Pilot Clyde Kawasaki had just turned his Cessna Grand Caravan southwest out of Kalaupapa when he heard the engine give out.
"Loud bang! I didn't have much time other than to push the nose over, maintain air speed," he said.
He knew he couldn't make land so he ditched his Makani Kai aircraft in the water.
"We were just coming down too quickly to stretch the glide. I said, 'We're going to go for a swim,'" he said.
Kawasaki managed to broadcast a Mayday call while safely gliding the plane down. Engine failure to impact took less than a minute.
"Water was already up to my waist or higher when I got out of the seat," he said.
He made sure his eight passengers made it out of the cabin safely. He handed his life vest to one of them.
"There was one guy standing there looking around. He goes, 'I need another life vest.' I said, 'There's one here.' And I just grabbed it and said, 'Go! Get outta here!'" he said.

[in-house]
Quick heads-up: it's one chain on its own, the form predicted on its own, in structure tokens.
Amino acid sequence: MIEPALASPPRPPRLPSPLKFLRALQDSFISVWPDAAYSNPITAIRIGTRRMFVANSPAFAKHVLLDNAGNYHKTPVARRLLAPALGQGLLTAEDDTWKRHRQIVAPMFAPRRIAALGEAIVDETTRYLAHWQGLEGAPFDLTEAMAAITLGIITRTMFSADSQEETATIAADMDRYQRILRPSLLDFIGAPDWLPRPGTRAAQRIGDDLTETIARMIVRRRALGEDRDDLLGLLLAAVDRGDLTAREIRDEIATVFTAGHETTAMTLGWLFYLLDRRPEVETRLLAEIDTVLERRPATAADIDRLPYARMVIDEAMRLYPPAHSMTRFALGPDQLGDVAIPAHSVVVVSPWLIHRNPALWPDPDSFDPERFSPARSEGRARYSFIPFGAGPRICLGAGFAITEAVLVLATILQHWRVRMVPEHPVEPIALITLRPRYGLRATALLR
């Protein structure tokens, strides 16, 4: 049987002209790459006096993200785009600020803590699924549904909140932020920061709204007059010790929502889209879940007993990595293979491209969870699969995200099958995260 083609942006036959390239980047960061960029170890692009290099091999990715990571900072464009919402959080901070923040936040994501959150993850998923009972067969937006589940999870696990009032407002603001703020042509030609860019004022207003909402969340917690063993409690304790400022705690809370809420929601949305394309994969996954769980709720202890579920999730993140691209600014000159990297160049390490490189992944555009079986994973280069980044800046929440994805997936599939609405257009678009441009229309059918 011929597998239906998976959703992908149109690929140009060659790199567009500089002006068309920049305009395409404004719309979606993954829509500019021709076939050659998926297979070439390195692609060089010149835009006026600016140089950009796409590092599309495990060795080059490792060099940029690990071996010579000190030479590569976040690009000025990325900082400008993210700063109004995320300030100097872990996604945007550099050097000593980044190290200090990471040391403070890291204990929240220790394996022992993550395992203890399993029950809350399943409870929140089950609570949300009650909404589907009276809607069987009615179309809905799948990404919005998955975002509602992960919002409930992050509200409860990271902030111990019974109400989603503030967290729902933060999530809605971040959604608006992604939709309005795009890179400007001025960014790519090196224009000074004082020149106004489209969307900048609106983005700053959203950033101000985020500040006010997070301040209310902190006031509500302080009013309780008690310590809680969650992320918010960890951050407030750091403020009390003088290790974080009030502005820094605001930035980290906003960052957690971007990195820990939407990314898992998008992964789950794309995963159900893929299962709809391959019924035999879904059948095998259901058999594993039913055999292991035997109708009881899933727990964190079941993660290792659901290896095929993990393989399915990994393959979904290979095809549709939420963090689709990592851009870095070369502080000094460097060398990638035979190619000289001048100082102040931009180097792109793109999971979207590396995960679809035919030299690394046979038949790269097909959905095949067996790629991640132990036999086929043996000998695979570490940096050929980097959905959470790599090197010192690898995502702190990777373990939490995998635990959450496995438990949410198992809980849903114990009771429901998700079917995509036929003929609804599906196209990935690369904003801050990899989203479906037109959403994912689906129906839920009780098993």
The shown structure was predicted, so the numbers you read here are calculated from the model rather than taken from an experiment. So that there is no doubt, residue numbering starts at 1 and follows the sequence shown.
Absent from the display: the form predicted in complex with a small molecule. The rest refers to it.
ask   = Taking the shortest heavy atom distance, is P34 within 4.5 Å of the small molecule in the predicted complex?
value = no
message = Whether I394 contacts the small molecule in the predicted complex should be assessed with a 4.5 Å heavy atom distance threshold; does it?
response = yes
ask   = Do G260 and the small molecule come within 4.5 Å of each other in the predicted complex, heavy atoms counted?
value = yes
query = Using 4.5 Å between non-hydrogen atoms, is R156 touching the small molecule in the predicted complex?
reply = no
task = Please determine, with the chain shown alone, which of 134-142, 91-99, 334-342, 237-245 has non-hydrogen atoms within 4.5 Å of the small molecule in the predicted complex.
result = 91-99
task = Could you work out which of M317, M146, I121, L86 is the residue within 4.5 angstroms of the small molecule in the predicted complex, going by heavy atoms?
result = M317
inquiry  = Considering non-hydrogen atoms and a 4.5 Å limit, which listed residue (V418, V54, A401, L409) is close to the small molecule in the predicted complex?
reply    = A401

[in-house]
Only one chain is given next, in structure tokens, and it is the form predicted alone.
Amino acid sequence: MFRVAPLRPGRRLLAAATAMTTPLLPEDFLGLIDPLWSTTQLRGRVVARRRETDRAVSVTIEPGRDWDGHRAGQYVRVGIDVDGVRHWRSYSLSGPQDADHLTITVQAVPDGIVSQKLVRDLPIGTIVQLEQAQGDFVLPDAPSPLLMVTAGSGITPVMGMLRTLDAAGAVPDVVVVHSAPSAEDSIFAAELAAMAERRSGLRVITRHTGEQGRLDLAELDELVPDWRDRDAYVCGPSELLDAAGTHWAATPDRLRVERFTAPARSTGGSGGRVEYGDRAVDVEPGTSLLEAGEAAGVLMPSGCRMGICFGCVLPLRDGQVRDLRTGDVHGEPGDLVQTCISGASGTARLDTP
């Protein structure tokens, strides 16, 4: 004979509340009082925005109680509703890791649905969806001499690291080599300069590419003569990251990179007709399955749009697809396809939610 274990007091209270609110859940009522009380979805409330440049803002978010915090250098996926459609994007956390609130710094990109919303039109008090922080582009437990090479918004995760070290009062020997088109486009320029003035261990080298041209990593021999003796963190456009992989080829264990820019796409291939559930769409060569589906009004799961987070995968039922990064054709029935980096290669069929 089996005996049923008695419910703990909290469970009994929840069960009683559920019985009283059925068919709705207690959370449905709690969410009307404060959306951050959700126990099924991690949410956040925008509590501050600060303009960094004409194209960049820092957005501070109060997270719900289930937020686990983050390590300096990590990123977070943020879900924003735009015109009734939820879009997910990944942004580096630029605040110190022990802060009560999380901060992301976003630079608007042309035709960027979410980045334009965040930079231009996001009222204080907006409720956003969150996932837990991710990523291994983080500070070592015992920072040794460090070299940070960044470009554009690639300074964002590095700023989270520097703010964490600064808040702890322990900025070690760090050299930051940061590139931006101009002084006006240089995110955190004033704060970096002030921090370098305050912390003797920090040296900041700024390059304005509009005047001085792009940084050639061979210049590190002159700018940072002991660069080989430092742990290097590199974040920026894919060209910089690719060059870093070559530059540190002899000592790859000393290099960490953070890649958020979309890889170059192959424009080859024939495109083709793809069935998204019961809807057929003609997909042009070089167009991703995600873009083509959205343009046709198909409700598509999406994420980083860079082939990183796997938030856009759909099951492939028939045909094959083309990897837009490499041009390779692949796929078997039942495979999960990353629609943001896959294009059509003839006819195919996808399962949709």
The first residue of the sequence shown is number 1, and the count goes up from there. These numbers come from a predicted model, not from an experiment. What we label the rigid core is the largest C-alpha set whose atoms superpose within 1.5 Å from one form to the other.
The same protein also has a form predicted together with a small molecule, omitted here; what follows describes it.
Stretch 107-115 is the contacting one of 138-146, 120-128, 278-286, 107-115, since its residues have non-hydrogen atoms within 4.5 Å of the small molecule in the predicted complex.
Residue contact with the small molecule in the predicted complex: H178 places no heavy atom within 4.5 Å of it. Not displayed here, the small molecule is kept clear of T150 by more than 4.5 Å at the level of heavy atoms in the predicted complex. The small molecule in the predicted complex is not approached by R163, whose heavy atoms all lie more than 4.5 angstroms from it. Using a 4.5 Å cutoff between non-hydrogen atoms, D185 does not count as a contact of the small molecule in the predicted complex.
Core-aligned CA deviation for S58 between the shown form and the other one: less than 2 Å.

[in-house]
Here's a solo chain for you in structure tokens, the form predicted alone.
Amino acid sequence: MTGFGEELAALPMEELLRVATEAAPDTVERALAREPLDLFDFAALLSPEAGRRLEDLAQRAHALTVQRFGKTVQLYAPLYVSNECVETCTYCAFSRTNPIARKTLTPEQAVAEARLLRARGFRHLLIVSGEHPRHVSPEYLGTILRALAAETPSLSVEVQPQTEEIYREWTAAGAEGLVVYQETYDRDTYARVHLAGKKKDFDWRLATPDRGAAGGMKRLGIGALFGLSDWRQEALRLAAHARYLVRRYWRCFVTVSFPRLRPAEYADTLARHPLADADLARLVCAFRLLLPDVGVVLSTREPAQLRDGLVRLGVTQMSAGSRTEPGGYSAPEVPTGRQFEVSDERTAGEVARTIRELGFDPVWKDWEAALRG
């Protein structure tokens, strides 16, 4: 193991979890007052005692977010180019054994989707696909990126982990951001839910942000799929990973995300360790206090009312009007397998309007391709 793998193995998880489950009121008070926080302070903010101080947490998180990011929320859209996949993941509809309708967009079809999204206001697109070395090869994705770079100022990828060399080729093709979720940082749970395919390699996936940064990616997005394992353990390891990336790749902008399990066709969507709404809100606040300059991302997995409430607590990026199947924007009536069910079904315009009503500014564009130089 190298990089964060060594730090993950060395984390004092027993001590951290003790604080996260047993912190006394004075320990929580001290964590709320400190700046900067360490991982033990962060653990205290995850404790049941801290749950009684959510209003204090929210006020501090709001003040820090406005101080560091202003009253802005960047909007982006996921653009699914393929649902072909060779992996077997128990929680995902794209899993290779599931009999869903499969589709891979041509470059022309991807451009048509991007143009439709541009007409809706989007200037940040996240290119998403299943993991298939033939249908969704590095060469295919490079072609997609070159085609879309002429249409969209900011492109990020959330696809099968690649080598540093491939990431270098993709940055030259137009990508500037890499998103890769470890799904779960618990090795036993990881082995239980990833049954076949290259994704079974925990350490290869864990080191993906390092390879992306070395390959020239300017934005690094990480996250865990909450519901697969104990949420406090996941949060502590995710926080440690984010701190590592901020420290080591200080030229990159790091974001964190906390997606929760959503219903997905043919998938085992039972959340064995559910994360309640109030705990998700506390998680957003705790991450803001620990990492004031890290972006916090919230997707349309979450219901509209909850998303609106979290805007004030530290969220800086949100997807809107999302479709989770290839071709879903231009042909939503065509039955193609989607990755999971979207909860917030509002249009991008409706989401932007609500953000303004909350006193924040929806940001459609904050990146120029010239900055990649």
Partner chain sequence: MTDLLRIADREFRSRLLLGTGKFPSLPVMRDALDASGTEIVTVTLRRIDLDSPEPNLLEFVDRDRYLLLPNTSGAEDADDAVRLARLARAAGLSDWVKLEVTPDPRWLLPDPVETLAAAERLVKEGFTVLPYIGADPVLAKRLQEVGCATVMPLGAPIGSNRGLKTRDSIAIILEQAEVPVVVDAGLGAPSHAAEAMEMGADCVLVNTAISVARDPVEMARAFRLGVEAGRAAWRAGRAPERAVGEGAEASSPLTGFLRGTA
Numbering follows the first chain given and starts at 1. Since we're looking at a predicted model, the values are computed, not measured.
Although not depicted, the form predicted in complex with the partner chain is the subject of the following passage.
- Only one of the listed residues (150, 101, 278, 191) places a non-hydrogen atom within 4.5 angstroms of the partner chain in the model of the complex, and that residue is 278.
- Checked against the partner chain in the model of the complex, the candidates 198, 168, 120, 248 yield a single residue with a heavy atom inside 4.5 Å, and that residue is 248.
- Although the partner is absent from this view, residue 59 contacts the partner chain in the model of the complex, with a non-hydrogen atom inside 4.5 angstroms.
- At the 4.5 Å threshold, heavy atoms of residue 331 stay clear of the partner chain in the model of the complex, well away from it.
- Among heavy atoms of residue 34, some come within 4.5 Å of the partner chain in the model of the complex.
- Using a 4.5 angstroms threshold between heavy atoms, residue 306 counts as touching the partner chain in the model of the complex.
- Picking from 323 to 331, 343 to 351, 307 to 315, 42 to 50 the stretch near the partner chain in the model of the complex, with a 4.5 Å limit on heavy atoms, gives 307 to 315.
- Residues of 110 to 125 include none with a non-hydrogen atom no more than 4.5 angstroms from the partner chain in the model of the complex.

In the rough sea Kawasaki clung to one of the passengers and counted heads.
"I checked on the passengers as best as I could. Tried to keep them together. Tried to keep them away from the aircraft because I didn't know how long it was going to float," he said.
A plane circling overhead brought reassurance. Joy came when rescuers arrived. Then came word that Loretta Fuddy had died. He says it was devastating news.
"I didn't understand how it could have happened because everyone seemed fine when we got out of the airplane," he said.
Kawasaki was hospitalized for two days after the crash with a concussion. Even though everyone is calling him a hero, he doesn't feel like one.
"Never having damaged an aircraft, never having hurt anybody, that's how it's supposed to end. But obviously that's not going to happen now," he said. "I feel really, really bad. It hurts, especially for her family. especially at this time of year."